BATNA stands for "best alternative to no agreement." This term was introduced by Roger Fisher, William Ury, and Bruce Patton in the book, Getting to Yes. When a person goes into a negotiation knowing what their BATNA is, it can limit his or her course of action during the negotiation.
Developing a BATNA
It is highly recommended that people develop a BATNA before engaging in a negotiation. Without taking the time to develop a BATNA, you will likely be unaware of what would happen if the negotiation fails. As a result, you may feel a strong inner pressure to reach an agreement, even if it is not in your best interests. Alternatively, you may feel overly optimistic about the proposed agreements. Your optimism may cloud your view of costs associated with the agreements.
There are seven basic steps to developing a BATNA:
- List what you will do if you fail to reach an agreement
- Convert the most promising options into practical choices
- Select the single best option (that becomes your BATNA)
- Compare your BATNA to all proposals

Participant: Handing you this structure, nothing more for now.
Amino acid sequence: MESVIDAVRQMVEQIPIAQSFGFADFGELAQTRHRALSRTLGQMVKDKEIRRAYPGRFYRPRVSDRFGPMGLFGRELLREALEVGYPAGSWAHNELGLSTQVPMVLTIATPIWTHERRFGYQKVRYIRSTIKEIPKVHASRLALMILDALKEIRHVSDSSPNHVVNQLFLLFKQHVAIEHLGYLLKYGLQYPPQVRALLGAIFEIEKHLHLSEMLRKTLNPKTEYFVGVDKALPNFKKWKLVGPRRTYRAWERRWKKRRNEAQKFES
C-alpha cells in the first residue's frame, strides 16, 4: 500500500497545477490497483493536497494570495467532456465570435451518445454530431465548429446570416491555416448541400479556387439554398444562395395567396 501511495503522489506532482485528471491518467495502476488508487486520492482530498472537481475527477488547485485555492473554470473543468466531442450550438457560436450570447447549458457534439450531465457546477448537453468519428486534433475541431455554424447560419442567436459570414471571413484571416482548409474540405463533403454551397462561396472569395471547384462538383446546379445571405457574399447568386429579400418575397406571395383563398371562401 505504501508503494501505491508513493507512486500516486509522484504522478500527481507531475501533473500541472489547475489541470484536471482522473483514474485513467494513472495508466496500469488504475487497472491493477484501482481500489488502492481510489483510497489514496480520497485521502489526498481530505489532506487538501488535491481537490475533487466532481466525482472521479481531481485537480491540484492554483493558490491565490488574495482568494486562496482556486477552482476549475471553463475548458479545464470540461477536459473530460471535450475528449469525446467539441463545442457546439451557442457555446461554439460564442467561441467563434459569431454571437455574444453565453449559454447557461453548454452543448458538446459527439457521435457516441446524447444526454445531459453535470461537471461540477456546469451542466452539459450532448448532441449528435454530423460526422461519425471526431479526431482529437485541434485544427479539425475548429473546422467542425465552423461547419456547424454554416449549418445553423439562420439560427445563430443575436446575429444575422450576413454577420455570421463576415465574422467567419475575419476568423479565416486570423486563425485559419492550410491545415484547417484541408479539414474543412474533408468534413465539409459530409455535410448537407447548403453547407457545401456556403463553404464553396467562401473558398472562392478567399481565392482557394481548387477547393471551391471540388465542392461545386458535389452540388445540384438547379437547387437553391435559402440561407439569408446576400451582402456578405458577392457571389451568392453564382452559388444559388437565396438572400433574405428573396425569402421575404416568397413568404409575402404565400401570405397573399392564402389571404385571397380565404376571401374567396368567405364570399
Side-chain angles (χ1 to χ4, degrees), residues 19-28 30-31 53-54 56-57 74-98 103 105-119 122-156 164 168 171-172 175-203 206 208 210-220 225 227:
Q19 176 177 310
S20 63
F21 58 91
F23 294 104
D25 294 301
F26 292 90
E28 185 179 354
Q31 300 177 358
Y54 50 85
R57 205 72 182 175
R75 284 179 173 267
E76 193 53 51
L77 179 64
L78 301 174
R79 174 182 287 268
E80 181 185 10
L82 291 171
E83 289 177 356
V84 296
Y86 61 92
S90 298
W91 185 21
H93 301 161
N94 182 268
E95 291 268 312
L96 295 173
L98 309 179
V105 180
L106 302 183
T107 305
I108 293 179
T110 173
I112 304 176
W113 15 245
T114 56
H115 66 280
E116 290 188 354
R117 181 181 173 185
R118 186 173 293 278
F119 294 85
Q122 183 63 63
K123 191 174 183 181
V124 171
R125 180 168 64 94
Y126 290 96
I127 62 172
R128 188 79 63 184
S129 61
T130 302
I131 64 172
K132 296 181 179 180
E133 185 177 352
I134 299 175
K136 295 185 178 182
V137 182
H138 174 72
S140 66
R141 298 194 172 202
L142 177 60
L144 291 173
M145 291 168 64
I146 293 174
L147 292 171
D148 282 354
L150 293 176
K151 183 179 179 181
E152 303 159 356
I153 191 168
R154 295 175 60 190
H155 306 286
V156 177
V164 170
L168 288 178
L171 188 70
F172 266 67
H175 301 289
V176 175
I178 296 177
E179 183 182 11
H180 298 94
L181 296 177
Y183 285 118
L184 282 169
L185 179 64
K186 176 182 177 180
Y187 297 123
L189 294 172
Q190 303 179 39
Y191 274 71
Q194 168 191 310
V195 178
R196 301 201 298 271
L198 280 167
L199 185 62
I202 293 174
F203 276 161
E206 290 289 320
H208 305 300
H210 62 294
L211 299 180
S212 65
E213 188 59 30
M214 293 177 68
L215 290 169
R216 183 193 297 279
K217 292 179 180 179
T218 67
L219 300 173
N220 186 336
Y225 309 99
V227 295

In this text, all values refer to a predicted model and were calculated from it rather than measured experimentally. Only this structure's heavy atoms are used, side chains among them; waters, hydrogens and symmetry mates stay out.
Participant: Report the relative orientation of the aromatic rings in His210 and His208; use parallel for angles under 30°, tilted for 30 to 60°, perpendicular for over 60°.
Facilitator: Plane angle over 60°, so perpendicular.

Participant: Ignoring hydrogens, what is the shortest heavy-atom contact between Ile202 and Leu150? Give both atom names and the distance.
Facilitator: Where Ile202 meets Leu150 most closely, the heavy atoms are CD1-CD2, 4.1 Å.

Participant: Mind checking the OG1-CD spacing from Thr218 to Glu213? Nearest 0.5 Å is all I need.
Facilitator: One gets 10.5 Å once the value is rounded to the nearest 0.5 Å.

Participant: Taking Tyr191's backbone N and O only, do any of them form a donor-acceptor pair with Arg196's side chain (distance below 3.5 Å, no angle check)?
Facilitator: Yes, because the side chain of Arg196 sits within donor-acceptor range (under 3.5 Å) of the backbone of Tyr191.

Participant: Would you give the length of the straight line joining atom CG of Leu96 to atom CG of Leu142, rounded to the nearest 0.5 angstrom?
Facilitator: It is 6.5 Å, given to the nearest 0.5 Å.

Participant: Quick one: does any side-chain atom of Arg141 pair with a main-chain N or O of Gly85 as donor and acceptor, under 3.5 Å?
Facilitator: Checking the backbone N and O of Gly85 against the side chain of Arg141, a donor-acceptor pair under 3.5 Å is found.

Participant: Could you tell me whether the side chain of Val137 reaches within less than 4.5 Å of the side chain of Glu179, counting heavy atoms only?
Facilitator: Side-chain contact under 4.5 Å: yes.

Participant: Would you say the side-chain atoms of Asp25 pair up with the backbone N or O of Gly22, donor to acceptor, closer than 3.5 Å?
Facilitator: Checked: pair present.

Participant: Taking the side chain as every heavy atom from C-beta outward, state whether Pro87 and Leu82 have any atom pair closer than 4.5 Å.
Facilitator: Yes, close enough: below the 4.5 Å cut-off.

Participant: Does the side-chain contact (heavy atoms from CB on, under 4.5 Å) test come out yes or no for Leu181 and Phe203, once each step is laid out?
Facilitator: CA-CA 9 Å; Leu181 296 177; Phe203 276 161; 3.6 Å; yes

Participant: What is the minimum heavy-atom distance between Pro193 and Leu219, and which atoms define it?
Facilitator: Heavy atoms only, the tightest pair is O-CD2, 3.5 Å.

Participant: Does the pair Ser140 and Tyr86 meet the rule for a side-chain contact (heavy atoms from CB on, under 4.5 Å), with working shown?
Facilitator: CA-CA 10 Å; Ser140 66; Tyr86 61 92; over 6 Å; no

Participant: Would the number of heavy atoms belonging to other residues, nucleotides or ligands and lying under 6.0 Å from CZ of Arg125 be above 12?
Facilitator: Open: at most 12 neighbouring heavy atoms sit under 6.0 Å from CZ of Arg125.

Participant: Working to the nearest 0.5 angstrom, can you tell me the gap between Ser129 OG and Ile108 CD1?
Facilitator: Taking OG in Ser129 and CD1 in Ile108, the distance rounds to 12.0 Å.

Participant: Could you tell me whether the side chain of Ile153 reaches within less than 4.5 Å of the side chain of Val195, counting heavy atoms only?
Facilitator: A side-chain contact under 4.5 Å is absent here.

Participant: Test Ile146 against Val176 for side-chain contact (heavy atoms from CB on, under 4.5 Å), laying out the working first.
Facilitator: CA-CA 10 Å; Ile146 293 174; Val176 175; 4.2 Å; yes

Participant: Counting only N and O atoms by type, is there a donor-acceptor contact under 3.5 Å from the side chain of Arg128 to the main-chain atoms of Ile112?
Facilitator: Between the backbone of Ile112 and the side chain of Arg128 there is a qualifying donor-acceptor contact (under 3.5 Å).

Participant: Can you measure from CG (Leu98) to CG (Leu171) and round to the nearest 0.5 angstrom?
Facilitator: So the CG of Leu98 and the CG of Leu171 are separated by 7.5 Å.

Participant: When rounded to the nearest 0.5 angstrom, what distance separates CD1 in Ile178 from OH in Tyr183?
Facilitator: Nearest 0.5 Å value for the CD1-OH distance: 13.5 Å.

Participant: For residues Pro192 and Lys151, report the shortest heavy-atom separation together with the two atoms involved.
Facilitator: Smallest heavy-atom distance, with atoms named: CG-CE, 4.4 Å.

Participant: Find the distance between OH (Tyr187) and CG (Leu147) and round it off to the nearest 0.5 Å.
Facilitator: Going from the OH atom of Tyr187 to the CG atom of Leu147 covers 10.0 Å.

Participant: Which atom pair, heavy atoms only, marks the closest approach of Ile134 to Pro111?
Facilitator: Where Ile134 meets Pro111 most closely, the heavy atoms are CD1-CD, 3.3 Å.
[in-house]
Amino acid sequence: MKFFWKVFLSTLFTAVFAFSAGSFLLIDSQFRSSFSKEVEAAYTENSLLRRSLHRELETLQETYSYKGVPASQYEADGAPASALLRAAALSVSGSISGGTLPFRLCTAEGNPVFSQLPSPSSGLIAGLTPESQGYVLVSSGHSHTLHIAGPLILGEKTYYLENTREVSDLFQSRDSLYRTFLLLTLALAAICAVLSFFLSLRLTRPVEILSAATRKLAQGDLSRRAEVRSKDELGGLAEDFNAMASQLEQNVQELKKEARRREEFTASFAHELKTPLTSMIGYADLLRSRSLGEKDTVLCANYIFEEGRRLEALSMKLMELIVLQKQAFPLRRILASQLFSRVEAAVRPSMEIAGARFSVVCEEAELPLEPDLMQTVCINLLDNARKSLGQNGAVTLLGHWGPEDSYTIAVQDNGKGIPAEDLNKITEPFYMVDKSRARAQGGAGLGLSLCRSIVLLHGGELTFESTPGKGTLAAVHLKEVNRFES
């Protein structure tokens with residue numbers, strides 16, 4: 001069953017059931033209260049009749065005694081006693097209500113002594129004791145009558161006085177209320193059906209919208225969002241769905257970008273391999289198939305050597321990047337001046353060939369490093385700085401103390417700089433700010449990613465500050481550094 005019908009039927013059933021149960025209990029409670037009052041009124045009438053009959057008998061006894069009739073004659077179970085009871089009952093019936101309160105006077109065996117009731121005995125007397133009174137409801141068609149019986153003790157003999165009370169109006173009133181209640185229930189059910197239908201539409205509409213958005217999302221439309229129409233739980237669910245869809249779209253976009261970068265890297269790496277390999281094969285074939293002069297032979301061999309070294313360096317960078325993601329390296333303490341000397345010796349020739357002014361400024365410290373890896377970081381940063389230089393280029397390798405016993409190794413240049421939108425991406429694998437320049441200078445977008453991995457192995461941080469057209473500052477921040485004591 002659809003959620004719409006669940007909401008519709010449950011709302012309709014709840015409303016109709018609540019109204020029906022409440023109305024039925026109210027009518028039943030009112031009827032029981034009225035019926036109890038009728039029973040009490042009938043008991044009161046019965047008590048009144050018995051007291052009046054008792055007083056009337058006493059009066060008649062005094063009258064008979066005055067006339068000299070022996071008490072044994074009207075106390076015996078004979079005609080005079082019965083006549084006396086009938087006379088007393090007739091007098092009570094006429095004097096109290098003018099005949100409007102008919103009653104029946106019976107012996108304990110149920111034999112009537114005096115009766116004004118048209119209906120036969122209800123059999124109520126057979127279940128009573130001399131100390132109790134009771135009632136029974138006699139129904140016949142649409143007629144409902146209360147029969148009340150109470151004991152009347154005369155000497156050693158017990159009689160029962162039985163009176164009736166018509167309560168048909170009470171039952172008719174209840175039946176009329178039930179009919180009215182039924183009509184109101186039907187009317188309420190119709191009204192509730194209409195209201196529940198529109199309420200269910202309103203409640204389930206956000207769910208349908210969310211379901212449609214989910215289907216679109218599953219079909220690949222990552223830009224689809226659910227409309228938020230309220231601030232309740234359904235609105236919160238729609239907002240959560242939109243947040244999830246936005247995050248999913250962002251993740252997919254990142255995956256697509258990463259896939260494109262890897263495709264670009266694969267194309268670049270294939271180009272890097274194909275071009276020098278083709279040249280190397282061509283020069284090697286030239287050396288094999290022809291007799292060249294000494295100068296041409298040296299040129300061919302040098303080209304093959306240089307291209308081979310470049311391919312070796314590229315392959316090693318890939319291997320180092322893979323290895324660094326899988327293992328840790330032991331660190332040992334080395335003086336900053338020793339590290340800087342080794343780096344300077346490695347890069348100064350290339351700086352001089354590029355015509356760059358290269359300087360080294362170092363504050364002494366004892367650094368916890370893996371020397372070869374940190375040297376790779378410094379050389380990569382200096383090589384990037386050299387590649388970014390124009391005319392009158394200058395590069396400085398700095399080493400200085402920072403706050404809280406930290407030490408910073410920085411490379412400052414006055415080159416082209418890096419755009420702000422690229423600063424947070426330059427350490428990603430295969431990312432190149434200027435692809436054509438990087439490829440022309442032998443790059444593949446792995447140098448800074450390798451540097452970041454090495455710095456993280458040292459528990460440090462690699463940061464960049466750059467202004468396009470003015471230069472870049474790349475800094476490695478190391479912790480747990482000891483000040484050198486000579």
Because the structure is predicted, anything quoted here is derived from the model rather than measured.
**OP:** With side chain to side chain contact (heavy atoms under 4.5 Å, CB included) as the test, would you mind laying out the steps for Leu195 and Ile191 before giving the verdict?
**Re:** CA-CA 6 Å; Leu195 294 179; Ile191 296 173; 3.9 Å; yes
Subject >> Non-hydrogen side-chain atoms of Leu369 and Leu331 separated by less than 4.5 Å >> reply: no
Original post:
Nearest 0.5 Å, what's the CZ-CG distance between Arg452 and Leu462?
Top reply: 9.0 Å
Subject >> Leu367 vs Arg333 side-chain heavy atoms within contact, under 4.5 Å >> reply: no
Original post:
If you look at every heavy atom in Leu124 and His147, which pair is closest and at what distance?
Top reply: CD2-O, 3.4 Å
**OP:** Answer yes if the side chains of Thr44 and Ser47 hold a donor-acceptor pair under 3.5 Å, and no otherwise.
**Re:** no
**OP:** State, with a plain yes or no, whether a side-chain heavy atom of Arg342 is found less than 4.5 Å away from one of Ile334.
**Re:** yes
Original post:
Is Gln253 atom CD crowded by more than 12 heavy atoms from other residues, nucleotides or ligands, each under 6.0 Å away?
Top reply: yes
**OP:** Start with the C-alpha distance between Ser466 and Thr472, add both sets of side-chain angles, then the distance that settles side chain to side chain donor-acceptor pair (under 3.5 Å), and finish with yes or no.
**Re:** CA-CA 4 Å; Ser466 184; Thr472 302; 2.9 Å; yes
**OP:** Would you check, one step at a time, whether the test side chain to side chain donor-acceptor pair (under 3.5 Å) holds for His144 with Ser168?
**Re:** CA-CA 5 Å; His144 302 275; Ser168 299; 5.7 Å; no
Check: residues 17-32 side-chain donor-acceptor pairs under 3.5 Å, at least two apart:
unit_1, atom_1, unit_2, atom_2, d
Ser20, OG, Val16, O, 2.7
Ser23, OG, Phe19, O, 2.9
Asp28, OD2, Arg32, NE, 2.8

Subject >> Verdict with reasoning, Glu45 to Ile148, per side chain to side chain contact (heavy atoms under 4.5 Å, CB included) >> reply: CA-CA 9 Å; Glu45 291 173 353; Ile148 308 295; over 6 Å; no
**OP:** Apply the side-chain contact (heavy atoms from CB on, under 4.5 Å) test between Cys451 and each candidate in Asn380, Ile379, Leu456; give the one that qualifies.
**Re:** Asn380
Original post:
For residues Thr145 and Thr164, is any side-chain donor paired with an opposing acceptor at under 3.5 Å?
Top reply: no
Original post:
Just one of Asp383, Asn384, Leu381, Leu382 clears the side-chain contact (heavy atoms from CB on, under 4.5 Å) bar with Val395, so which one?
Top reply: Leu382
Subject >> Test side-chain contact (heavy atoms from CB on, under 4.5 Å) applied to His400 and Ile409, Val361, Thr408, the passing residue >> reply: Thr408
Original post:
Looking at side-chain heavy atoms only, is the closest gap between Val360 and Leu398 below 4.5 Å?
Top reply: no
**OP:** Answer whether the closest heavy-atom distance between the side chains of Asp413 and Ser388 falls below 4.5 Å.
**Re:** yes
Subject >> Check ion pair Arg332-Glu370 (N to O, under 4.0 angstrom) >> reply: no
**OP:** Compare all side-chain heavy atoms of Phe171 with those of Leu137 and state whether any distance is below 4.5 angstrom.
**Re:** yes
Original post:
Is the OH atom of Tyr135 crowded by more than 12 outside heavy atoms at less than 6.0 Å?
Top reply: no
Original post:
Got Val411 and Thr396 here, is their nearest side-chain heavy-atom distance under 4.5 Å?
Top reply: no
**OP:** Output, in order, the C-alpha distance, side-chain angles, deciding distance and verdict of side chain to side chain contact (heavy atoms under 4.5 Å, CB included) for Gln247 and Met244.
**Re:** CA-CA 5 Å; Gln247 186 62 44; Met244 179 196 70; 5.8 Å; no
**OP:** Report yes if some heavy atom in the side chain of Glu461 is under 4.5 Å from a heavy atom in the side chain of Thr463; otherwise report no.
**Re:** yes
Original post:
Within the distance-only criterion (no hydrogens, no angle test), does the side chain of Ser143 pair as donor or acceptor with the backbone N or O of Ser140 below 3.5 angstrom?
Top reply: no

- If an offer is better than your BATNA, consider improving or accepting it
- If an offer is worse than your BATNA, consider rejecting it
- If the other party will not improve their offer, consider exercising your BATNA
One of the determinants of your power in a negotiation is the attractiveness of your BATNA as compared to the proposals made during the discussions.
- The more attractive your BATNA is, compared with the proposals you receive, the more power you have in the negotiation.
- The less attractive your BATNA is compared with the proposals, the less power you have in the negotiation.
Since there is a direct relationship between negotiating power and a good BATNA, it is important to improve your BATNA whenever possible.
Copyright © 2008 MindEdge
Click a star to rate this: